One day while sitting in his office, my graduate adviser John Walker notified me of a community volunteer opportunity. A man named Dick Folse was looking for fresh recruits to help teach underprivileged youths the Adobe Creative Suit and other software at the Western Avenue Community Center in Bloomington, IL. Some community activists, along with Folse, helped pave the path for a new program that would kick-off in the coming weeks, Project Blank Canvas. This initiative had been realized by a $100,000 State Farm grant offered to the community centers surrounding Bloomington-Normal. At this point, I was a lab instructor, volunteering two days a week at Western Avenue. I showed young youths how to use Photoshop, Illustrator, In Design and some basic web design fundamentals.
My time spent volunteering opened up some more opportunities. Dick Folse had offered me a job as a teacher for a digital arts summer camp through Blank Canvas. I jumped on the opportunity immediately. Luckily, I was able to work with my roommate Philippe Moore and friend Johari Huggins. With a small team, I helped teach a classroom of over 20 youths and got to know first hand how hard it was to control a room filled with kids. Needless to say, I have a new found respect for teachers who have to manage classrooms.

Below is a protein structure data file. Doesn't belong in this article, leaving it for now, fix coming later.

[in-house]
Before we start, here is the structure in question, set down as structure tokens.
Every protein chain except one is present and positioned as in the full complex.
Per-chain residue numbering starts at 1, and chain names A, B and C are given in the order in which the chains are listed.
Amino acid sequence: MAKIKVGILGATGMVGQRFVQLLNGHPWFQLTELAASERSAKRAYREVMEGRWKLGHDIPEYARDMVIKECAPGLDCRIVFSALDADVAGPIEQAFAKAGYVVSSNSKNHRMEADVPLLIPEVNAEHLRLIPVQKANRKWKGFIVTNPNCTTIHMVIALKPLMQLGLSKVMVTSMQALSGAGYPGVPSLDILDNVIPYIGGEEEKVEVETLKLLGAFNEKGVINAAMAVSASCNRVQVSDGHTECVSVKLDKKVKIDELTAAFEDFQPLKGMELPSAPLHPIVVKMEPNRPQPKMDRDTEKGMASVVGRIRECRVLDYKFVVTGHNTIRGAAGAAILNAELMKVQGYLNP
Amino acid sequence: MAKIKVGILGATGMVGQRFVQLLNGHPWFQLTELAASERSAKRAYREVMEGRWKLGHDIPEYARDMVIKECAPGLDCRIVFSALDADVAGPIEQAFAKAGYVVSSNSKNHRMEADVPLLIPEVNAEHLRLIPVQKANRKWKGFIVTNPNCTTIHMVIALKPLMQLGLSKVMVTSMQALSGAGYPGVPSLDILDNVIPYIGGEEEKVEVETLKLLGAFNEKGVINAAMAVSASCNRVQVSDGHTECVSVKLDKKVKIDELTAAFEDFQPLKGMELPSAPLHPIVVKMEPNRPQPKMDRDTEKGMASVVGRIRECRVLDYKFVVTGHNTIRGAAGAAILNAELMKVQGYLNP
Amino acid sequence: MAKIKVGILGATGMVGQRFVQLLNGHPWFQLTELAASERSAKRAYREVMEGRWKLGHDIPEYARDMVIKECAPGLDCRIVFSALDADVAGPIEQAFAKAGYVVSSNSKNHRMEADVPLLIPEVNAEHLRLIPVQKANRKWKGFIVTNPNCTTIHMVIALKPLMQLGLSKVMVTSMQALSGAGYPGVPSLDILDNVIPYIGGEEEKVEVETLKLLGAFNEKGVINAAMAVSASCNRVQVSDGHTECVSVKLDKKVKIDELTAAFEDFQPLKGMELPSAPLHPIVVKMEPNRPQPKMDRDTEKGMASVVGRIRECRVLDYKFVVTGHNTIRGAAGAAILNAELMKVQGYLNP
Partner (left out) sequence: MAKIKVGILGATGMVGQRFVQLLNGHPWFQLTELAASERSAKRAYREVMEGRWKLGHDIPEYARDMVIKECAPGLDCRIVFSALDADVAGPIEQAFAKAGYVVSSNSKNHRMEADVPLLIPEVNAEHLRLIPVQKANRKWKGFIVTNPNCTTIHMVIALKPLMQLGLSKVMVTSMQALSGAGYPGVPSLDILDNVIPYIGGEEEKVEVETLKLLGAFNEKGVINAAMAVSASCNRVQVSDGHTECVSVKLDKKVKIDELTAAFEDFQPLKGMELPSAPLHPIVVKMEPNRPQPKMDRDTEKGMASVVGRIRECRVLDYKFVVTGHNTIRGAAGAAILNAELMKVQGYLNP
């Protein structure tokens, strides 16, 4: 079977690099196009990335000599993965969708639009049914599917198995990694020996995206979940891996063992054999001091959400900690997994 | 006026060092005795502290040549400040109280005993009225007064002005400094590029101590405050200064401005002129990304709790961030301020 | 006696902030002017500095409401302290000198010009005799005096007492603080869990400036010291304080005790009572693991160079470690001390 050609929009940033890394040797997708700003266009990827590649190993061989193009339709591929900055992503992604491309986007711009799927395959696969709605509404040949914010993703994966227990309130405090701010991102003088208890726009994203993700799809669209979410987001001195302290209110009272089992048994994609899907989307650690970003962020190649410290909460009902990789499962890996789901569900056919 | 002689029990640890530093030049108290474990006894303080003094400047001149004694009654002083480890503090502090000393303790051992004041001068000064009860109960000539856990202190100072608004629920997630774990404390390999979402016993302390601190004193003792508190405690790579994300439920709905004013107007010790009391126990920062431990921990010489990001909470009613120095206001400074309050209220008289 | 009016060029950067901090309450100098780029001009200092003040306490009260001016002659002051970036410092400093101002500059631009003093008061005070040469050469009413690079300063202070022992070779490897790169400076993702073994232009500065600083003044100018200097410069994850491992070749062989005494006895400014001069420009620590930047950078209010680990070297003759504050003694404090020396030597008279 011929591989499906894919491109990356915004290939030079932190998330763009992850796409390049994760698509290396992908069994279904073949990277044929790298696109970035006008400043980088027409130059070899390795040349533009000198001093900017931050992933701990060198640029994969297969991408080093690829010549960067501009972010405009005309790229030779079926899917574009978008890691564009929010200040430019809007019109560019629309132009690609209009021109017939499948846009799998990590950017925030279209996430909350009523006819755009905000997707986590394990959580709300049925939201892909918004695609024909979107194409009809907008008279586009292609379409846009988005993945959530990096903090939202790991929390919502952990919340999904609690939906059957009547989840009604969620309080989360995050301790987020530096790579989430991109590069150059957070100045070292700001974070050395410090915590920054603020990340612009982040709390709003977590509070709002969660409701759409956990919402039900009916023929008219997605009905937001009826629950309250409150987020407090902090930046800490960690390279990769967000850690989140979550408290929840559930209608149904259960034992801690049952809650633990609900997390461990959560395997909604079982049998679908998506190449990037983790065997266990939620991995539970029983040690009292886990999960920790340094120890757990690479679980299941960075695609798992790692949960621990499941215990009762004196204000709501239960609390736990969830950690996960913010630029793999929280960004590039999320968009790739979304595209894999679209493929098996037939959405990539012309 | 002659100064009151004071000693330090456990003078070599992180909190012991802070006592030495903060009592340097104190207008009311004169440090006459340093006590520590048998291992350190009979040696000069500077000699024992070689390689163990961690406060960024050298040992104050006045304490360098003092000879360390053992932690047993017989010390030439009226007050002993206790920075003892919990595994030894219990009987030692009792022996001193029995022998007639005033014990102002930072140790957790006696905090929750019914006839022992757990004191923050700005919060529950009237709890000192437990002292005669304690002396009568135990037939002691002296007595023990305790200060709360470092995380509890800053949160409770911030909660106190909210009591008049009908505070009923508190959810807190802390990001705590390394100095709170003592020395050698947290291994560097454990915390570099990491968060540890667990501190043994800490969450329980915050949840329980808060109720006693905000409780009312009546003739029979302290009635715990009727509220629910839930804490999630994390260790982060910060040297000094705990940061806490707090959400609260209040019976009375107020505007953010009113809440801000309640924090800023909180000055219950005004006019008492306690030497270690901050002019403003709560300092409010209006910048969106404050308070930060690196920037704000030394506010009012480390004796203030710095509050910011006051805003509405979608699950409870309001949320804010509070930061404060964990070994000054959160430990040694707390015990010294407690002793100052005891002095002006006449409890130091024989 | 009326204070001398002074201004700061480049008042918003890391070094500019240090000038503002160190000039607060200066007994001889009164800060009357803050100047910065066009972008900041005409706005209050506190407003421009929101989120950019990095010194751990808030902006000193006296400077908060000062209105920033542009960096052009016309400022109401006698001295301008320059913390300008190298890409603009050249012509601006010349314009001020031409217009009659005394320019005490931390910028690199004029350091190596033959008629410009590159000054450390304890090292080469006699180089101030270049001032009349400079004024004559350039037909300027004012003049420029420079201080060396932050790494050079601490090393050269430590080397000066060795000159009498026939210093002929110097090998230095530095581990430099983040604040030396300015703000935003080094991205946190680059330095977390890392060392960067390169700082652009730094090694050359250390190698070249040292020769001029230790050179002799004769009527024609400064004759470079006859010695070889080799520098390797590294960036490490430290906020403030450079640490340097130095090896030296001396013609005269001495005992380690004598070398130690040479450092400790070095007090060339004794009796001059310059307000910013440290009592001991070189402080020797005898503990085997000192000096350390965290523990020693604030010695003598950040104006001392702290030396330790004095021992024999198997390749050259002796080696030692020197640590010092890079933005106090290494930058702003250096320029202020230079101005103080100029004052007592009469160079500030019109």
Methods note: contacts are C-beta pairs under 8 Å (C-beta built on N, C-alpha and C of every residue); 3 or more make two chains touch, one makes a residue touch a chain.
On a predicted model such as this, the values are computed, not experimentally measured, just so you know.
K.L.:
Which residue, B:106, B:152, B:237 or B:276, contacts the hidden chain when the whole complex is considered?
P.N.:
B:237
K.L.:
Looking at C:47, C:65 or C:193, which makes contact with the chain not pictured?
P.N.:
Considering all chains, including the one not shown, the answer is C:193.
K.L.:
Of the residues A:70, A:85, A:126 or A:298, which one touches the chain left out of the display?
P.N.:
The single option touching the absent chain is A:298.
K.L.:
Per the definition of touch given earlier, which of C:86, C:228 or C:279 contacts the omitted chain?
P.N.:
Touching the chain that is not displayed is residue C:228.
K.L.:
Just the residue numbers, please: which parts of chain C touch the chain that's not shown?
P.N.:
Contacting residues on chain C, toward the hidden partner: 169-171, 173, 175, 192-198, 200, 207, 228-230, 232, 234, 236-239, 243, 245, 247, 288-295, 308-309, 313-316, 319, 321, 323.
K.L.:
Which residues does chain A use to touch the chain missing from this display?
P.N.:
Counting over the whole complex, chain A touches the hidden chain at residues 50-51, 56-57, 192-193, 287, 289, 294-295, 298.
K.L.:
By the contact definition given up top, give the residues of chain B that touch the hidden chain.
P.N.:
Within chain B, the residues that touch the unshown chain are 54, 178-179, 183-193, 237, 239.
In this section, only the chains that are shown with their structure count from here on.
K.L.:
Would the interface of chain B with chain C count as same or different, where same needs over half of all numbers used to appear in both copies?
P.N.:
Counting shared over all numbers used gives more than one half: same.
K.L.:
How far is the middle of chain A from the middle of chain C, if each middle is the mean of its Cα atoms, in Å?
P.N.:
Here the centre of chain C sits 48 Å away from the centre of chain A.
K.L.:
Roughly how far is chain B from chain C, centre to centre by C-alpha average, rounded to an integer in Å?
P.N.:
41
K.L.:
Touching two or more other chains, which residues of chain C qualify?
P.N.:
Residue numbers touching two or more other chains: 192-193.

After this experience, I was informed by Dick about a course he was teaching during the Fall 2010 semester, ATK 380 Art and Community Development. This would be a hands on teaching experience with a small group of college students, much like that of the summer camp, but on a smaller scale. We learned about the power of social capital, how to develop lesson plans, and how to teach.
Too often are professionals and students dumped into a community they know little about and rarely do they have an opportunity to make a real connection. These experiences allowed me to do just that. I feel more comfortable in Bloomington-Normal than I do in my own hometown, and I am perfectly fine with that realization. It is empowering, humbling, and just plain exciting to make a difference for kids who desperately need a mentor.
Click here to download my paper summarizing this experience.
Click here to view the (somewhat broken) Google doc version.